Geoff Andrew - Time Out
"One of the finest screwball comedies ever, with Grant - a dry, nervous, conventional palaeontologist ? meeting up with madcap socialite Hepburn and undergoing the destruction of his career, marriage, sanity and sexual identity. The catalyst in the process is Baby, a leopard that causes chaos wherever he goes, and finally awakens Grant to the attractions of irresponsible insanity. Fast, furious and very, very funny."
Alan Dale - Comedy is a Man in Trouble - 2000
"I can't think of another top female star of the era who was equally able to blend slapstick and sexual charisma. Even though Hepburn?s sharp cheekbones and slim-hipped, statuesque figure makes her look as if she were made of glass, she takes more pratfalls than any romantic heroine ever did ? she has the back ripped out of her dress in a hotel bar, trips over a phone cord, falls down a bluff, gets dunked in a creek, and unknowingly tugs a mangling leopard around on a leash. For a while, Hepburn even worked on a caged set with a live leopard, until the 'tame' Baby sprang on her back.... She?s miraculously funny in Bringing Up Baby ? somehow both airy and unstoppable...."
David Thomson - The New Biographical Dictionary of Film - 2002
"Nobody on the screen could be so funny and so moving in making a fool of herself, or so touching in reclaiming her dignity. That is why screwball comedy seemed in her hands one of Hollywood's most civilized forms and it is why Bringing Up Baby is so serious a film ? without ever lousing the status of being one of the funniest."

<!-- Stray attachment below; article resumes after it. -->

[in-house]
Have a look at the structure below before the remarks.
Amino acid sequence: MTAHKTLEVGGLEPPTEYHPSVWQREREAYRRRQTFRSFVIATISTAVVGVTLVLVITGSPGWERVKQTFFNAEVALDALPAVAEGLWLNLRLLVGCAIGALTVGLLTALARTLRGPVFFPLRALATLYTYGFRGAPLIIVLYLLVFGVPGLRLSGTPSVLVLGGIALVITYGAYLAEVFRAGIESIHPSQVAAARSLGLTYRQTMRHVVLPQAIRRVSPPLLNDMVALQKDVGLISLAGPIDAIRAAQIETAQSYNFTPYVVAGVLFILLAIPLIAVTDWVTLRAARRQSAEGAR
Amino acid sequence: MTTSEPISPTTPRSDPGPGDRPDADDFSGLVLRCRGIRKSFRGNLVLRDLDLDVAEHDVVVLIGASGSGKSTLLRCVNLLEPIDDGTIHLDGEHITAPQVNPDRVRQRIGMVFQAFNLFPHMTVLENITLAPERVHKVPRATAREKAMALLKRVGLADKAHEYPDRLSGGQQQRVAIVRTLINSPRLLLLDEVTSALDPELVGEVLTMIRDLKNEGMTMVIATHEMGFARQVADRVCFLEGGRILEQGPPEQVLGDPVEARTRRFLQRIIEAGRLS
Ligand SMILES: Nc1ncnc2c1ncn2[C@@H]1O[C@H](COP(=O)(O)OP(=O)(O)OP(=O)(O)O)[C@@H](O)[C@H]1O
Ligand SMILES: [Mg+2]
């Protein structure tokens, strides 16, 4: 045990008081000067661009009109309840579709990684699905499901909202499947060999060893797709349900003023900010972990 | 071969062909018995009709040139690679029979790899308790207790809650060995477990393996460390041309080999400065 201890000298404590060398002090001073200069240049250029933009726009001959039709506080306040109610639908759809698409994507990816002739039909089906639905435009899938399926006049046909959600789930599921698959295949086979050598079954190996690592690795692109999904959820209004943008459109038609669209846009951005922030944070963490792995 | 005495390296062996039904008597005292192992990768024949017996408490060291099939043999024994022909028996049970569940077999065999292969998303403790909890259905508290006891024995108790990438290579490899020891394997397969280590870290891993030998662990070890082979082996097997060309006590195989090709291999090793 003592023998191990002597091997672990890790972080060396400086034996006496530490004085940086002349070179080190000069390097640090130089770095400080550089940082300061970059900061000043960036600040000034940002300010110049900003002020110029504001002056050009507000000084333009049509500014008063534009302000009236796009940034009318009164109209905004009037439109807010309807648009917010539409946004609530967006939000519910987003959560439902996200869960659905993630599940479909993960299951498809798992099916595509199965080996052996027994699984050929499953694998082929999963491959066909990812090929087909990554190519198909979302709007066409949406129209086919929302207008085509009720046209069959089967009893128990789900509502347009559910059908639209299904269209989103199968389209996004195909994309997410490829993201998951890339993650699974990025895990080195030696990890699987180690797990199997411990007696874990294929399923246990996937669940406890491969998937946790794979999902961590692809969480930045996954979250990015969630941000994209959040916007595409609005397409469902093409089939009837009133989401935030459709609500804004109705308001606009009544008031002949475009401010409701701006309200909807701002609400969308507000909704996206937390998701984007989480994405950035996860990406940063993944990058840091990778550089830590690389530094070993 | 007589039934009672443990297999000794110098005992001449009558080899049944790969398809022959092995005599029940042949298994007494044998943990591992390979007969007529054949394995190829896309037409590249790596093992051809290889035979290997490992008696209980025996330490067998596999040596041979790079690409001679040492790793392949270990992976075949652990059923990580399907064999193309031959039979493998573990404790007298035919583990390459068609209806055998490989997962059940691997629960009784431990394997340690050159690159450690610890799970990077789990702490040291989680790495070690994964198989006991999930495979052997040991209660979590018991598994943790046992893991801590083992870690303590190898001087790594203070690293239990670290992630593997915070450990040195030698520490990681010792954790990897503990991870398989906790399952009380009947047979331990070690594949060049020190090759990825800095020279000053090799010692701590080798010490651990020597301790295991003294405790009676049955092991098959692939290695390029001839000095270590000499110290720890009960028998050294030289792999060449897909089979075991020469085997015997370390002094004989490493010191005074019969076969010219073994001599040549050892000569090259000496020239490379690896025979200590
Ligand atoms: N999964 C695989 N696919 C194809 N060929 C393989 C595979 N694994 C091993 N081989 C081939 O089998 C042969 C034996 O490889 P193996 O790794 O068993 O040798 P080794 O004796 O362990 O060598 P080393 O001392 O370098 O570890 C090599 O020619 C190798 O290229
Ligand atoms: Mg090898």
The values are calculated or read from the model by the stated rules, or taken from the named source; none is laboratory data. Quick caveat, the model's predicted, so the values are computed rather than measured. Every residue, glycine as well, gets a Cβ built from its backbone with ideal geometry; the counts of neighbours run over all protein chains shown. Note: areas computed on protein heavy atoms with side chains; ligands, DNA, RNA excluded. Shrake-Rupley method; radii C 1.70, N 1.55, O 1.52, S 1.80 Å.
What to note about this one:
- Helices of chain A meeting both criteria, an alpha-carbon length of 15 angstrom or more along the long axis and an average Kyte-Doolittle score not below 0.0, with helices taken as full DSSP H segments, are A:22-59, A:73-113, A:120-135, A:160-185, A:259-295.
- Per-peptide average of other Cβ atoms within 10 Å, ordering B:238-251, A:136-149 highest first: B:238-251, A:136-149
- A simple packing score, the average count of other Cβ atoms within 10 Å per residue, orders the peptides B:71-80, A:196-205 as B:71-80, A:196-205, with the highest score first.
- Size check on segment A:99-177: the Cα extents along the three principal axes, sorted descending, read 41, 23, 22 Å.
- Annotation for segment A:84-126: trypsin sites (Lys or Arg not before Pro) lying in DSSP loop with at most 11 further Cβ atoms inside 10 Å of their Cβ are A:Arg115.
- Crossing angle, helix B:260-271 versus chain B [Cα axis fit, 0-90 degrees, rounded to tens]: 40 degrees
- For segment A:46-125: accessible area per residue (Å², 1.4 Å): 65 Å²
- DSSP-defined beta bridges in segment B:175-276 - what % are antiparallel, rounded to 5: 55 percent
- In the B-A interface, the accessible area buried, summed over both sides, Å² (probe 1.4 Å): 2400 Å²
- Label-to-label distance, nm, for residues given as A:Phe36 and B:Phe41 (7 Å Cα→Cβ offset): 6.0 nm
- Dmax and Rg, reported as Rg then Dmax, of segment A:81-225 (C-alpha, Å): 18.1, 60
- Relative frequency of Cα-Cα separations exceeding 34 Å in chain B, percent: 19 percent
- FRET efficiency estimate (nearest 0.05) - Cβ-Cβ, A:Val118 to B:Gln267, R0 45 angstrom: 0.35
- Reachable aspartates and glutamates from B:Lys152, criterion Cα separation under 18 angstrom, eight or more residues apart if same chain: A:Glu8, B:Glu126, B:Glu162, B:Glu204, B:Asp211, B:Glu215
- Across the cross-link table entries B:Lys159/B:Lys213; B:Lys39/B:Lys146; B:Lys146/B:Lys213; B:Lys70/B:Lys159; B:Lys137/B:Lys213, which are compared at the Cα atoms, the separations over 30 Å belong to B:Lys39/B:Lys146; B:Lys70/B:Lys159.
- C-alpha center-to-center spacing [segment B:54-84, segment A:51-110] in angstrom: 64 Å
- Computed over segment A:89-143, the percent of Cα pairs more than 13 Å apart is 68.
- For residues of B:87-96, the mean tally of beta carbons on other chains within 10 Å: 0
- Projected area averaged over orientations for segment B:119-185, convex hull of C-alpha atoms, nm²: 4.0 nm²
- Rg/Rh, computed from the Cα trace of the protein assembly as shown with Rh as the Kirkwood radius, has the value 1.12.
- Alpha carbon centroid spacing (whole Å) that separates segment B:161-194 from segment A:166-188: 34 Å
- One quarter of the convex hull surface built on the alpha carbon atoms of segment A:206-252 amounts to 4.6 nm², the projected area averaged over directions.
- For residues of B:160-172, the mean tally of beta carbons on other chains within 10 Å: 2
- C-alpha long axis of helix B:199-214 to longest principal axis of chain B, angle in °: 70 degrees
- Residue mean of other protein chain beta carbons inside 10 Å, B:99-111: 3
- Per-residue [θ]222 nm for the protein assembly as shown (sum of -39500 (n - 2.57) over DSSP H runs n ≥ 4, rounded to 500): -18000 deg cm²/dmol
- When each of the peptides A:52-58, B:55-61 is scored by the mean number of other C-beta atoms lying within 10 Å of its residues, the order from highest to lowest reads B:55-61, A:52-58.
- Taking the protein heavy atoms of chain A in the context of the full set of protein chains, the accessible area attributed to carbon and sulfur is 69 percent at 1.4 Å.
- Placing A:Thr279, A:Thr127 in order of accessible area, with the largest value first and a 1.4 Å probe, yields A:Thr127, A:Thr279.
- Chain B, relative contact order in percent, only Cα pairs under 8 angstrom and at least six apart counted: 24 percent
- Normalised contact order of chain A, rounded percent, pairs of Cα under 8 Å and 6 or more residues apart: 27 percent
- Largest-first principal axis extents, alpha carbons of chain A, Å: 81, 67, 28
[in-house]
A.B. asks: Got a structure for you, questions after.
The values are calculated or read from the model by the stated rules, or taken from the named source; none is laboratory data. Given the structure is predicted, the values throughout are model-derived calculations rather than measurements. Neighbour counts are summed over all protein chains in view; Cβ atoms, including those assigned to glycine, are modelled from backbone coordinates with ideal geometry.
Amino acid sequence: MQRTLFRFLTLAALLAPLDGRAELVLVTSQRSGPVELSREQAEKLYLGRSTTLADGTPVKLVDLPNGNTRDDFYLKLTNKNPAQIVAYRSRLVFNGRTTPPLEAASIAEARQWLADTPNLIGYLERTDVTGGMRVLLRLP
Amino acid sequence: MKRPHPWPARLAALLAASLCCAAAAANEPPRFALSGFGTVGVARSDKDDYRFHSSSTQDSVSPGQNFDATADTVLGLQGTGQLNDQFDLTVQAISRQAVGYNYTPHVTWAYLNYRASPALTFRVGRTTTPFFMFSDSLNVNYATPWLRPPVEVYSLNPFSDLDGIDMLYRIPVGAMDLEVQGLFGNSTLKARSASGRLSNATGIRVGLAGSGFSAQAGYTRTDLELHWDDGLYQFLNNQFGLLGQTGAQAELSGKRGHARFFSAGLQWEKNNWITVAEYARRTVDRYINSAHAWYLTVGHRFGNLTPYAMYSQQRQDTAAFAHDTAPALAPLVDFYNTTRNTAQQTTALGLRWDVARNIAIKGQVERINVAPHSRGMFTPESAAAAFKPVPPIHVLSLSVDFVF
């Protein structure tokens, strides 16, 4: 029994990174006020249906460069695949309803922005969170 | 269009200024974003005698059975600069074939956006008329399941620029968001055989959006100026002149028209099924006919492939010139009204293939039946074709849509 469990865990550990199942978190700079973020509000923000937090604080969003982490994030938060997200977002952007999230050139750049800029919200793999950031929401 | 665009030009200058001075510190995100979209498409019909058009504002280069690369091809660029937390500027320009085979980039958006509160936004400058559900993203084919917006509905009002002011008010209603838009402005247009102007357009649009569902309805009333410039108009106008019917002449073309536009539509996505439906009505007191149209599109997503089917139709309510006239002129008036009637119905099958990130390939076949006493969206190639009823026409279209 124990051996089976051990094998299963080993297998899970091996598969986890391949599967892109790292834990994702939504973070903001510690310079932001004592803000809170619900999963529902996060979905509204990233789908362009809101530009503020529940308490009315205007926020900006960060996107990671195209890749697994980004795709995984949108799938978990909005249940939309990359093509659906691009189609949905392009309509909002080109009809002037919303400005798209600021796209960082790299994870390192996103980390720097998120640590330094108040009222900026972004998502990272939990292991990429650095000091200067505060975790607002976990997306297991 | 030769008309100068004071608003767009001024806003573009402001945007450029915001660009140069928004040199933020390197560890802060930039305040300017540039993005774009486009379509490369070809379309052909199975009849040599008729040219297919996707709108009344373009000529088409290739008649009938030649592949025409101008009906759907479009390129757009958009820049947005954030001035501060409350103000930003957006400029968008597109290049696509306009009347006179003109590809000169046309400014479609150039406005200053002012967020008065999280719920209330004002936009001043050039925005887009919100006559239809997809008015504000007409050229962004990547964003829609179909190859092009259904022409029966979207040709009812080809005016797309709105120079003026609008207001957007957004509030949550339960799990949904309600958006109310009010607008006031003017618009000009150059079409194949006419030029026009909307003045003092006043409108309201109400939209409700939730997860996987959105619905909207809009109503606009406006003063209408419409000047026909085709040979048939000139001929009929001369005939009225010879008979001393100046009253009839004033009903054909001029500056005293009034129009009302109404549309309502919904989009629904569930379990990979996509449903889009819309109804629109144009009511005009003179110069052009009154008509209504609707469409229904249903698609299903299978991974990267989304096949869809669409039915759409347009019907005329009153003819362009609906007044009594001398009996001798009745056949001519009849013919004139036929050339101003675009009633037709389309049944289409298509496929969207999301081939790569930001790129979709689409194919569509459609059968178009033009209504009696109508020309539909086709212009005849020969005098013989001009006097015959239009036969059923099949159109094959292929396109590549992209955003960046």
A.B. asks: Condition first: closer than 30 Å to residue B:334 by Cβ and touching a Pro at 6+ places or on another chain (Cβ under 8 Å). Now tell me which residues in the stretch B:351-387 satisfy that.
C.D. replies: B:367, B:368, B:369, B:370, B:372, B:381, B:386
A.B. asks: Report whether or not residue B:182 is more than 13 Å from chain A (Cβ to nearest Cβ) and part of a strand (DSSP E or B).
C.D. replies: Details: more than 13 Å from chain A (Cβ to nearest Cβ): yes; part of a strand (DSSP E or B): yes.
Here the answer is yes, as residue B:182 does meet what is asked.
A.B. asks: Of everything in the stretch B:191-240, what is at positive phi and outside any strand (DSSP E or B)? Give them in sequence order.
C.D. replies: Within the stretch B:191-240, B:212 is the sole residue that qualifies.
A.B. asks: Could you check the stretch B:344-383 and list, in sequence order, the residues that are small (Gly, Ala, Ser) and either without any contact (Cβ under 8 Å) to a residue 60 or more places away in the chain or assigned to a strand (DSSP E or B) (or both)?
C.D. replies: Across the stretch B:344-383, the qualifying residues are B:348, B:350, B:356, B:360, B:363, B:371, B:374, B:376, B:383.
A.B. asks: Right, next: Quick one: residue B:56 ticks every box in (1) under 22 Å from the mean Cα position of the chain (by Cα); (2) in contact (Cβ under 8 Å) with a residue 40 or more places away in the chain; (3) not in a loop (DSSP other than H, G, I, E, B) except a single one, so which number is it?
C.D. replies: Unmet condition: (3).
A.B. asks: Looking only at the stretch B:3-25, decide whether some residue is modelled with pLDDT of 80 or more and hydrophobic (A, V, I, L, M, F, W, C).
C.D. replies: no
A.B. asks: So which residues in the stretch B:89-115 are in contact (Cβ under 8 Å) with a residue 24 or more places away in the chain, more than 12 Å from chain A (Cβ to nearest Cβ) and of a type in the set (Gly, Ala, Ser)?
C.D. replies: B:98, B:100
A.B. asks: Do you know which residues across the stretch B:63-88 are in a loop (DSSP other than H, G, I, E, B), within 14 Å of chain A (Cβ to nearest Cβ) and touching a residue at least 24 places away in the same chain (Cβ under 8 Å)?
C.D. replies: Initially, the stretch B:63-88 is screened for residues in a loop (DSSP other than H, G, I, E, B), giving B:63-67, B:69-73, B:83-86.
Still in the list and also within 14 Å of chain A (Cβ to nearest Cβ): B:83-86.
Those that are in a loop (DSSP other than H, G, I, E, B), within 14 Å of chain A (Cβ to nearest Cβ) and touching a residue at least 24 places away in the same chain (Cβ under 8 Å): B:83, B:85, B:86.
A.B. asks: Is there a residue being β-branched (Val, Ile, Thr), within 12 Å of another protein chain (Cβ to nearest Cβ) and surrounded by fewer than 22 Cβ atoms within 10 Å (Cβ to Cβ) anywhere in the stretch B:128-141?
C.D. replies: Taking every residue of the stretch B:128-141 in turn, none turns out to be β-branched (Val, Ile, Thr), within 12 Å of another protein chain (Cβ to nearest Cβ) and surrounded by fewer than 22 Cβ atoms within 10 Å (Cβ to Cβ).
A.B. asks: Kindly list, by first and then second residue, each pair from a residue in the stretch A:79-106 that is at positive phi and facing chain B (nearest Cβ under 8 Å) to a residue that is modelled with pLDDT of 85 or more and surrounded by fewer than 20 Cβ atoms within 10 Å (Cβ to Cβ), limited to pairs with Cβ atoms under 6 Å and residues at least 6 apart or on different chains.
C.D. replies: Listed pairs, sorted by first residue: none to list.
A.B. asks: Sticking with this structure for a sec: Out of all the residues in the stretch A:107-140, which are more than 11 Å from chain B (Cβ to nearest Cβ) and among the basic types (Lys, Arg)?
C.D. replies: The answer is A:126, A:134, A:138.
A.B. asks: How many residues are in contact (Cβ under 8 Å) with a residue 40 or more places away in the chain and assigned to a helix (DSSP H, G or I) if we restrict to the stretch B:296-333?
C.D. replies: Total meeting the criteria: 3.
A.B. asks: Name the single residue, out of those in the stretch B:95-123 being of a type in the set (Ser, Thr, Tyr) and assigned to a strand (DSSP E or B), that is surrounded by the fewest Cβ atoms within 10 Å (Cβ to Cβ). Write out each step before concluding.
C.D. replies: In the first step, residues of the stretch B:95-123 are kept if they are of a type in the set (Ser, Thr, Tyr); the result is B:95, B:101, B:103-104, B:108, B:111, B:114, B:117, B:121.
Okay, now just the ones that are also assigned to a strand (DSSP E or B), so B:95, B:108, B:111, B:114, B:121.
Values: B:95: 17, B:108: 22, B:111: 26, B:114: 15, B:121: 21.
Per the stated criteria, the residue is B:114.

What Kate had to say
Katharine Hepburn - Me - 1991
"This script was a good one. Cary Grant was really wonderful in it. And I was good too. And the leopard was excellent.... Cary was so funny on this picture. He was fatter, and at this point his boiling energy was at its peak. We would laugh from morning to night. Everyone contributed anything and everything they could think of to that script.... Oddly enough, this picture did not do too well on its first release. Now it is considered a big hit. But I think that my presence - 'box-office poison' - was the trouble."
What fellow actors, the director and friends had to say
"Kate's a joy. At the end of Bringing Up Baby she climbs up on a ladder next to the brontosaurus, to apologize for what happened. The ladder falls, and she climbs to the back of the brontosaurus, where I'm standing on a platform. She had to get over the brontosaurus. As she moves, the brontosaurus starts to collapse. I told her when and how to let go. I told her to aim for my wrists, an old circus trick. You can't let go of that kind of grip, whereas if you go for the hands, you'll slip. She went for my wrists, and I pulled her up. Kate was marvellous trusting if she thought you knew what you were doing."
"Once she got the hand of the role, she was wonderful to work with - she had the poise of a good fighter. When she turns, she's 'in balance,' she could knock you out if she wanted to. I'd play gold with her at weekends in the middle of shooting, and she had a lovely stroke. She was a fine tennis player, and she had a tennis player's timing in comedy. That marvellous coordination! As for her famous ability to 'direct', I encouraged her to talk things over, as long as it wound up my way!"